It is not just politicians who have an eye to public opinion. Nutt’s committee carried out their own survey and was surprised at the strength of feeling against cannabis. The former Home Secretary Jacqui Smith used public concern as part of the reasoning for rejecting the committee’s recommendation to downgrade cannabis, and also cited “doubt about the potential harm”, saying ”we must err on the side of caution”. As Nutt points out in the text of his lecture, this is a form of the “precautionary principle”, which says that if there is a possibility of severe outcomes, then we should not wait for complete certainty before acting.
This idea has been applied to man-made climate change, where if we waited for full understanding it would be too late to do anything about it. But the precautionary principle should be invoked with great caution. Otherwise every claim of possible harm, from autism following MMR to brain tumours from mobile phones, would lead to knee-jerk government action, and careful weighing of evidence would be washed away in the rush to bring about the illusory goal of ‘safety’.
This means that the crucial role of any scientific advice is to assess and communicate reasonable uncertainty, rather than just list what ‘might’ happen. But yesterday A N Wilson in the Daily Mail caricatures scientists as “arrogant gods of certainty”. Perhaps the author of this wonderfully ill-informed comment would like to examine the recent UK Climate Impact Projections? There he would find uncertainty by the bucket-load: projections allow for doubt about how climate works, the limited accuracy of computer models, inevitable unpredictability of climate, and so on. This means that a wide distribution of possibilities is given, with even a small probability that average temperatures will not increase at all.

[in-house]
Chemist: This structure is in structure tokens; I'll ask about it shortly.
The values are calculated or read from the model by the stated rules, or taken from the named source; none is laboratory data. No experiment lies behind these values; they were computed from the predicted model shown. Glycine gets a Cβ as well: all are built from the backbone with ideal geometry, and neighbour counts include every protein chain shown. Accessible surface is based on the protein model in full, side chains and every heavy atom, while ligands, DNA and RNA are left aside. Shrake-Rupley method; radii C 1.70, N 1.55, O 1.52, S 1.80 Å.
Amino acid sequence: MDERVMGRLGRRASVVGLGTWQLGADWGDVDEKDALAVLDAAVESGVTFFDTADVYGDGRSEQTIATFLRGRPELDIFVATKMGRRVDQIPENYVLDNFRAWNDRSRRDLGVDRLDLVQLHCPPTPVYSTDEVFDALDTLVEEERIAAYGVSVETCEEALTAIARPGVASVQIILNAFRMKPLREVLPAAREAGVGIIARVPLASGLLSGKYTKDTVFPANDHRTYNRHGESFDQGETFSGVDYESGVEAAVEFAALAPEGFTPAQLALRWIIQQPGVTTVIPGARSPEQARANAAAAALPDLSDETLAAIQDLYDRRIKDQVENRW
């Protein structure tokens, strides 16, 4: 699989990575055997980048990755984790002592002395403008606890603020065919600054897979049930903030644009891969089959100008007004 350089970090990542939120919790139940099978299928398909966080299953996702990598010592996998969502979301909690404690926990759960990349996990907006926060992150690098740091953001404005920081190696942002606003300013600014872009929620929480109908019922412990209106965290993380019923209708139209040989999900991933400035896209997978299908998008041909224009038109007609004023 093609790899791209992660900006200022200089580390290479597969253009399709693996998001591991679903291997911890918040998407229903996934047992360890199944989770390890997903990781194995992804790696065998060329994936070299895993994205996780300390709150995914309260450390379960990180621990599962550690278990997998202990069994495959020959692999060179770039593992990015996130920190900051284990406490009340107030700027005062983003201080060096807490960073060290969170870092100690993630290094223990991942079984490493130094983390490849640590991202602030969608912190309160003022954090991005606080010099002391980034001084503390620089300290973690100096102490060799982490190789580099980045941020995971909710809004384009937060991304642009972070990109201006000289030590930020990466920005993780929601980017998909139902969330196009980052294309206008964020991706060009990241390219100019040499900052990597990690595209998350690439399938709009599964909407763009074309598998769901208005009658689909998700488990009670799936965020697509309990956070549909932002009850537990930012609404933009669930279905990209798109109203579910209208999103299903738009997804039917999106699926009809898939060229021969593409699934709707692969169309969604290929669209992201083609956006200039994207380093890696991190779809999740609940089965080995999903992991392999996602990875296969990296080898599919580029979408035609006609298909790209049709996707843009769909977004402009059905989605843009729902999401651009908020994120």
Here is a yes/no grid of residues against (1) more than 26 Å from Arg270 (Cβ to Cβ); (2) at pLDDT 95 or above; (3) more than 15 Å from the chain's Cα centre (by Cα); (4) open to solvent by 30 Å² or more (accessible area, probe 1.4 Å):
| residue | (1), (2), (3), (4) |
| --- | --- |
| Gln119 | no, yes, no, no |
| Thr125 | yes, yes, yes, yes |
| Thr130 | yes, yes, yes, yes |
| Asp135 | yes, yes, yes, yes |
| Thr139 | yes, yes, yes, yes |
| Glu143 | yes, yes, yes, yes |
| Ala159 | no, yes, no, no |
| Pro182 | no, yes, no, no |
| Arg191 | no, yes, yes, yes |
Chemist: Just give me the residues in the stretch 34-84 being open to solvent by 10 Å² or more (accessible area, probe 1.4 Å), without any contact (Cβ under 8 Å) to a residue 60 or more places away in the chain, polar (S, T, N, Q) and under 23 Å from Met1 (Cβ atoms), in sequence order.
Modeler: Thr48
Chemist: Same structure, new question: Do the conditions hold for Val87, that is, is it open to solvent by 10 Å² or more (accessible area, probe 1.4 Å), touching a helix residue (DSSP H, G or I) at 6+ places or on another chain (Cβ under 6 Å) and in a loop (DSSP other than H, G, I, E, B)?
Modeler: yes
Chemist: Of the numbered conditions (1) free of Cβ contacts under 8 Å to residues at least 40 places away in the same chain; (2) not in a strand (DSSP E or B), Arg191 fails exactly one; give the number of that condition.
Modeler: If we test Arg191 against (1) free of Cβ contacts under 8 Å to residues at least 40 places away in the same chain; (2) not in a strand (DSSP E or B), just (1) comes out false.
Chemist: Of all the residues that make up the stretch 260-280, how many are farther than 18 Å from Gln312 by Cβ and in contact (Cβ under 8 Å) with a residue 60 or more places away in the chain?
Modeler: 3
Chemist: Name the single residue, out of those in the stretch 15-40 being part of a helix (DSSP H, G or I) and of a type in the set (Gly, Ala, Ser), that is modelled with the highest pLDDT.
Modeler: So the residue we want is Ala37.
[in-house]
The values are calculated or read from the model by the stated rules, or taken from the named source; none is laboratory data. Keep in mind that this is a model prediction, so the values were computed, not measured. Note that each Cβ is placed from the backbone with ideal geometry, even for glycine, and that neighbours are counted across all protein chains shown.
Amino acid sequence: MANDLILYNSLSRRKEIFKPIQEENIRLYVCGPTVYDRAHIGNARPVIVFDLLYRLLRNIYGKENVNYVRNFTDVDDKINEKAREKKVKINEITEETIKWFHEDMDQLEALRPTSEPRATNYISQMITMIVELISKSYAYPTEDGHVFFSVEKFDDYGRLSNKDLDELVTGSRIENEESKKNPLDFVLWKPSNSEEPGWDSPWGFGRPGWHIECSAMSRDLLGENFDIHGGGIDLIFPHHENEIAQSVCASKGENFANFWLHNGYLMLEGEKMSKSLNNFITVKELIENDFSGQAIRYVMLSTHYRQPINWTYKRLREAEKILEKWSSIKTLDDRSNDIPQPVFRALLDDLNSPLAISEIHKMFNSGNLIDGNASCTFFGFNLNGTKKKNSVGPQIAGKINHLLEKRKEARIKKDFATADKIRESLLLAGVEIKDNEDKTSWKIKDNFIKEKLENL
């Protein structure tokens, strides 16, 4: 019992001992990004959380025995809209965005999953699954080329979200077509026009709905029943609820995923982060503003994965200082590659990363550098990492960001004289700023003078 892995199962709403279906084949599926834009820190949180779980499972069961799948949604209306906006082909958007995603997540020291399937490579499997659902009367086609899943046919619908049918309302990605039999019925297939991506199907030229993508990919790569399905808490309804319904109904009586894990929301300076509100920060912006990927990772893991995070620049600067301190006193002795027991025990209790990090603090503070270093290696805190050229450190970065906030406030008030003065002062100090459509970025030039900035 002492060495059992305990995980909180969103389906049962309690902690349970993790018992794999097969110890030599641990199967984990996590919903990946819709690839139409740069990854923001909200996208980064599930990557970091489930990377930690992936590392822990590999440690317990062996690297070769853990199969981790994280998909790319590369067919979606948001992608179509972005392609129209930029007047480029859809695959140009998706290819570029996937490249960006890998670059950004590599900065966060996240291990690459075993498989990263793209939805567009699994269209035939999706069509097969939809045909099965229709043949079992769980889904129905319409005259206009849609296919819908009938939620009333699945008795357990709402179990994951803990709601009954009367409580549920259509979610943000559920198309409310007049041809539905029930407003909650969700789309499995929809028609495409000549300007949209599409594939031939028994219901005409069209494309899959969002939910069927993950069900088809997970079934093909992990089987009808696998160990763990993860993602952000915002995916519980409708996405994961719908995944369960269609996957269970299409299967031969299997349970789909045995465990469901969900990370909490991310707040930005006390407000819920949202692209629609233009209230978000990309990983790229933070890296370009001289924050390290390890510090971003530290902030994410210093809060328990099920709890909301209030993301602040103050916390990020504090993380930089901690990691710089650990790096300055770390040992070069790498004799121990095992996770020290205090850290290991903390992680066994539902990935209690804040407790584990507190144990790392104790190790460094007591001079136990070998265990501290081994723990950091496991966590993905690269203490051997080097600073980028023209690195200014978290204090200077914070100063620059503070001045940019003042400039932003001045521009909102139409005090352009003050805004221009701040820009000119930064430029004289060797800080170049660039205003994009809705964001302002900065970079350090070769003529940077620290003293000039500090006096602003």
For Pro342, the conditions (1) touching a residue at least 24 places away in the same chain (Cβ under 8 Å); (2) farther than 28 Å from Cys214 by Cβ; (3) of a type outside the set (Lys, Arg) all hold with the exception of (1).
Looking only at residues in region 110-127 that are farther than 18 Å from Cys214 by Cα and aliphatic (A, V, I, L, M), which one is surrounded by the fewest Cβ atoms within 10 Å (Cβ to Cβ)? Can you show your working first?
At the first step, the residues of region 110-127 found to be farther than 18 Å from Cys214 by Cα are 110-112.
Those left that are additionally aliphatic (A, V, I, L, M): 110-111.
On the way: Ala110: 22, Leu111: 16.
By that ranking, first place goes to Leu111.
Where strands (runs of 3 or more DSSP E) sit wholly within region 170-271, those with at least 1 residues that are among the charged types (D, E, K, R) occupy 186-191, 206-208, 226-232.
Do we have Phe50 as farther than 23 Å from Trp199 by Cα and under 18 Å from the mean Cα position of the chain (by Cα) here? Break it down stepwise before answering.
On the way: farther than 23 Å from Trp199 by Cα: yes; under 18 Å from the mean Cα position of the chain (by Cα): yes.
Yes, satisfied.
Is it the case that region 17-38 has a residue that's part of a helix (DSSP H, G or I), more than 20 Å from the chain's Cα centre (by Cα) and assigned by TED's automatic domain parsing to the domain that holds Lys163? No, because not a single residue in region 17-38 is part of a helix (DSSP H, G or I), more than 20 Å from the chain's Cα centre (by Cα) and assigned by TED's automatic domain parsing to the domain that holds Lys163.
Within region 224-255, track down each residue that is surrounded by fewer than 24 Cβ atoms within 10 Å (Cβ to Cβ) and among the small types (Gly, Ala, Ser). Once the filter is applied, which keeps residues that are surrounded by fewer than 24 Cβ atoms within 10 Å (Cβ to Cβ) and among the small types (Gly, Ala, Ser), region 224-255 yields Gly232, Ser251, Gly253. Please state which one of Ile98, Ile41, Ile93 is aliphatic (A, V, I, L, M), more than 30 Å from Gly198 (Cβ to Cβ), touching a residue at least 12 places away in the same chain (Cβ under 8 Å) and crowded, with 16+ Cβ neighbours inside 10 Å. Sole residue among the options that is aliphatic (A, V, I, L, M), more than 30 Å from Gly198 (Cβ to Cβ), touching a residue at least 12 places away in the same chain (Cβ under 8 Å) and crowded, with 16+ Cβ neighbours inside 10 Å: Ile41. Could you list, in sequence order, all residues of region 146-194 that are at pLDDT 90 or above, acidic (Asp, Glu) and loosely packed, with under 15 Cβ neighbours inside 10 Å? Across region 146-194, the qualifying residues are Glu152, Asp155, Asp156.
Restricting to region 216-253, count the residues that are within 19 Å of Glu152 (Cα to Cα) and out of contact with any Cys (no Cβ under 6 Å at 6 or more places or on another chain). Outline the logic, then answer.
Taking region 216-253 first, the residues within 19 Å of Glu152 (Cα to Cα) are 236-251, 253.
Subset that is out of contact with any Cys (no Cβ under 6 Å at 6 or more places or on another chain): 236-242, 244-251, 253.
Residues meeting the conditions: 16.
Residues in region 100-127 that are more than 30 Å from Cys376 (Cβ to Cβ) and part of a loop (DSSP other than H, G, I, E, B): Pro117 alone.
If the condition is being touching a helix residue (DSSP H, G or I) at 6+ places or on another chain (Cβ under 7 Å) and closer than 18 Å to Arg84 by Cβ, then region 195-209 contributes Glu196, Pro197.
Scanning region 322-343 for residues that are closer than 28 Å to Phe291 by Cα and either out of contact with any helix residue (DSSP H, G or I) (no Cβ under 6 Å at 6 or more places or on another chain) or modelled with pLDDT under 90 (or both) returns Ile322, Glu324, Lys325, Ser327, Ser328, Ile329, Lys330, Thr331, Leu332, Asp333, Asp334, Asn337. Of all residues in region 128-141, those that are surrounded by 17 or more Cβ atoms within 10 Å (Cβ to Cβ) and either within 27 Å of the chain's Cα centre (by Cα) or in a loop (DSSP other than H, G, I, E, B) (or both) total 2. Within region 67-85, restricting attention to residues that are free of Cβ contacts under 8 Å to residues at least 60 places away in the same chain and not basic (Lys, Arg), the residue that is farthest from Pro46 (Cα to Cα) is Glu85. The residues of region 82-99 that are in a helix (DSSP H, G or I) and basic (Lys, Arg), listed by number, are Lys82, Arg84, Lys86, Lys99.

The main problem is that if scientists or politicians are too certain, then adapting to new information can be slow or embarrassing. In 2007 the National Heart Forum made a projection that 48% (uncertainty range from 40% to 57%) of girls aged 2-11 would be overweight or obese in 2020. Yesterday, based on an additional 3 years data, they radically reduced the projected proportion to 27%, well outside the ‘uncertainty limits’ given to the old projections. How can this happen? The problem is the projections are based on a simple extrapolation of the data up to 2020, and so the limits do not allow for uncertainties about how populations’ behaviour can change. It’s only by acknowledging the ‘unknowns’, and trying to quantify how big they are, that scientists can give balanced, and appropriately uncertain, advice.
Politicians, of course, need to be willing to accept scientific uncertainty and still take decisions, and this means getting an idea of the magnitudes of the risks, even when our understanding is incomplete. None of us expect certainty in our lives, but we could all get better at acknowledging our ignorance without succumbing to the twin perils of panic or paralysis.